tarily slackened. While still some distance off his eye sought out and distinguished the windows of the room in which Esther awaited him. Through the broken slats of the Venetian blinds he could see the yellow gaslight within. The parlour beneath was in darkness; his landlady had evidently gone to bed, there being no light over the hall door either. In some apprehension he consulted his watch under the last street-lamp he passed, to find comfort in assuring himself it was only ten minutes after ten. He let himself in with his latch-key, hung up his hat and overcoat by the sense of touch, and, groping his way upstairs, opened the door of the first floor sitting-room.
At the table in the centre of the room sat his wife, leaning upon her elbows, her two hands thrust up into her ruffled hair; spread out before her was a crumpled yesterday's newspaper, and so interested was she to all appearance in its contents that she neither spoke nor looked up as Willoughby entered. Around her were the still uncleared tokens of her last meal: tea-slops, bread-crumbs, and an eggshell crushed to fragments upon a plate, which was one of those trifles that set Willoughby's teeth on edge—whenever his wife ate an egg she persisted in turning the egg-cup upside down upon the tablecloth, and pounding the shell to pieces in her plate with her spoon.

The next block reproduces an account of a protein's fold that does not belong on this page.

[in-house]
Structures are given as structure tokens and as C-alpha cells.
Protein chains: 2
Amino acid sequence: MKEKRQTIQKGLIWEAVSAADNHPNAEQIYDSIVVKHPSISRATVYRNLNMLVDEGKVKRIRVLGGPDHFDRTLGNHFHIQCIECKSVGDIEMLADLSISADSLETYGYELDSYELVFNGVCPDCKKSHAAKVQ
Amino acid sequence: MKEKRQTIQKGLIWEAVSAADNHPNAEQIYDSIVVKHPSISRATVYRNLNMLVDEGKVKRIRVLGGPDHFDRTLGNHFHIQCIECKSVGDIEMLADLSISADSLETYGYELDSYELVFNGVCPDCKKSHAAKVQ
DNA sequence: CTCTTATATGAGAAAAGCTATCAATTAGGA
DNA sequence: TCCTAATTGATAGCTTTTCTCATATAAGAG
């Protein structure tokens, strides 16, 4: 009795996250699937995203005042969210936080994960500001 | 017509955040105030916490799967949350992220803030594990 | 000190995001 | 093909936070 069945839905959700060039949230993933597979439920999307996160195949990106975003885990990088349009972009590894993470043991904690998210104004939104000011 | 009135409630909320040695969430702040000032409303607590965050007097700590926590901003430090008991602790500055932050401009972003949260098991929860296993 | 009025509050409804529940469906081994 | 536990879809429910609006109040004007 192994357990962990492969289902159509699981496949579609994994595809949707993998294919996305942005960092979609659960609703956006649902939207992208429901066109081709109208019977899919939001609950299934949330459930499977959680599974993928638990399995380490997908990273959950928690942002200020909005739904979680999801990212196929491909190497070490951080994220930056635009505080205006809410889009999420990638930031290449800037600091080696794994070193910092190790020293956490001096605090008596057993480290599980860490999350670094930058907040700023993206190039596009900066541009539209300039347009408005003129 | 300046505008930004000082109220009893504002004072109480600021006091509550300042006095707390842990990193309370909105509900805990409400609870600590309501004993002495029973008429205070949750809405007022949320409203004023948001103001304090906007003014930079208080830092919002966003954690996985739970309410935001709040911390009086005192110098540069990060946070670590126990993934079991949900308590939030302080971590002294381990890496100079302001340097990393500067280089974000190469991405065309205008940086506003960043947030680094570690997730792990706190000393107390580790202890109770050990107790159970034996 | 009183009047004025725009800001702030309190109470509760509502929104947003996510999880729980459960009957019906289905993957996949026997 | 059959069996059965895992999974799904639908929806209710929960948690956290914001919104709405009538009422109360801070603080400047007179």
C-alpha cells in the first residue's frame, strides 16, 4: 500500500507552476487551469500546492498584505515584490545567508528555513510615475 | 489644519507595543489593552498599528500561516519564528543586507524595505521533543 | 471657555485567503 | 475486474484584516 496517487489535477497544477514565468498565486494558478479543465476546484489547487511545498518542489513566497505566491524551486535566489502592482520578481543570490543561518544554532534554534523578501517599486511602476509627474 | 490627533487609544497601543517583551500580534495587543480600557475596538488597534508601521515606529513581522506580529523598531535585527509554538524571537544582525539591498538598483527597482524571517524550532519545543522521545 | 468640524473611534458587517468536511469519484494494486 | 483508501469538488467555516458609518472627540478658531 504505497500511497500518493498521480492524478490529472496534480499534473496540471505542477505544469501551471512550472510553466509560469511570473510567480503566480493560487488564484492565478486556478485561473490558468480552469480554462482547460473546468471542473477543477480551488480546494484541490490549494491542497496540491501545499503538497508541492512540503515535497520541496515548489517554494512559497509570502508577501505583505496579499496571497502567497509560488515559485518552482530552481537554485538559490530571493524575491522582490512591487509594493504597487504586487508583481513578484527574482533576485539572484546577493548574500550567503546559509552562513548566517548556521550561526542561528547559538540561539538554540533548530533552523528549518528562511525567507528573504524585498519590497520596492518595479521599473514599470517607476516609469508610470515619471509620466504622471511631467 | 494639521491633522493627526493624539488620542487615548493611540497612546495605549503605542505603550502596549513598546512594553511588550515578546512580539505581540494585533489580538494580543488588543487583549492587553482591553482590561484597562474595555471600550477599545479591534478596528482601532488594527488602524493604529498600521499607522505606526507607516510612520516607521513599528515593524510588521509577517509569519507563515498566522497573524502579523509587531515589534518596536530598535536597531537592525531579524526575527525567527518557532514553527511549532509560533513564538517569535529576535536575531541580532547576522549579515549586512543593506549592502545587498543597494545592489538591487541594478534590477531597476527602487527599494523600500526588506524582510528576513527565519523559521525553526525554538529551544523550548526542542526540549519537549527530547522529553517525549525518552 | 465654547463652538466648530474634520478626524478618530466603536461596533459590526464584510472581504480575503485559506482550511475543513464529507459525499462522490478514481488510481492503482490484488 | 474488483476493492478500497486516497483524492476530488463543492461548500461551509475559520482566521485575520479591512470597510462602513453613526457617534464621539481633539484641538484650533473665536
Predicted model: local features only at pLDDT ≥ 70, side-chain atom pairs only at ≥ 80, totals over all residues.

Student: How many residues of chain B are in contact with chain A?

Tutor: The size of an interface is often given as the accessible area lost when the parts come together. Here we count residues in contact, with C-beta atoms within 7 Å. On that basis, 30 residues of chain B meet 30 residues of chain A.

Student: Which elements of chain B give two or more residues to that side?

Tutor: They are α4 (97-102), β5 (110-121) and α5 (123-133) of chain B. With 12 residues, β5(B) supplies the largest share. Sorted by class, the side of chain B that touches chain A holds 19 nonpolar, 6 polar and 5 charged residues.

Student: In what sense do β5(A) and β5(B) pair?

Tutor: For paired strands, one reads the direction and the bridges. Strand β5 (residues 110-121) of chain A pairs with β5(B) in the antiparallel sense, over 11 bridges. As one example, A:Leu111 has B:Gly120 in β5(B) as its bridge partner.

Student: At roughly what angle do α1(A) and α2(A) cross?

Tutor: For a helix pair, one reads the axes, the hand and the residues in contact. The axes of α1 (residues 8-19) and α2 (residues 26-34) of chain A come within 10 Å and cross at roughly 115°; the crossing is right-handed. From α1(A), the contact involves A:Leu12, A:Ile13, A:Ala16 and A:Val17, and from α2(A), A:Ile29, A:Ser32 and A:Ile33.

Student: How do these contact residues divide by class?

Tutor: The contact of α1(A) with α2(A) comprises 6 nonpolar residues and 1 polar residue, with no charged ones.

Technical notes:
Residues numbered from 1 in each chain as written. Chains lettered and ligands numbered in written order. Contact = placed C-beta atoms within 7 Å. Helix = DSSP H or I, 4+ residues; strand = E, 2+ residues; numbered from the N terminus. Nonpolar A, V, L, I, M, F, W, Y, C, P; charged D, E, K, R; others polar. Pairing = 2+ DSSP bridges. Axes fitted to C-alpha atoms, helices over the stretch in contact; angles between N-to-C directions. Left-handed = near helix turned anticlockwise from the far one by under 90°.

The room was repulsive in its disorder. The one lighted burner of the gaselier, turned too high, hissed up into a long tongue of flame. The fire smoked feebly under a newly administered shovelful of "slack," and a heap of ashes and cinders littered the grate. A pair of walking boots, caked in dry mud, lay on the hearthrug just where they had been thrown off. On the mantelpiece, amidst a dozen other articles which had no business there, was a bedroom-candlestick; and every single article of furniture stood crookedly out of its place.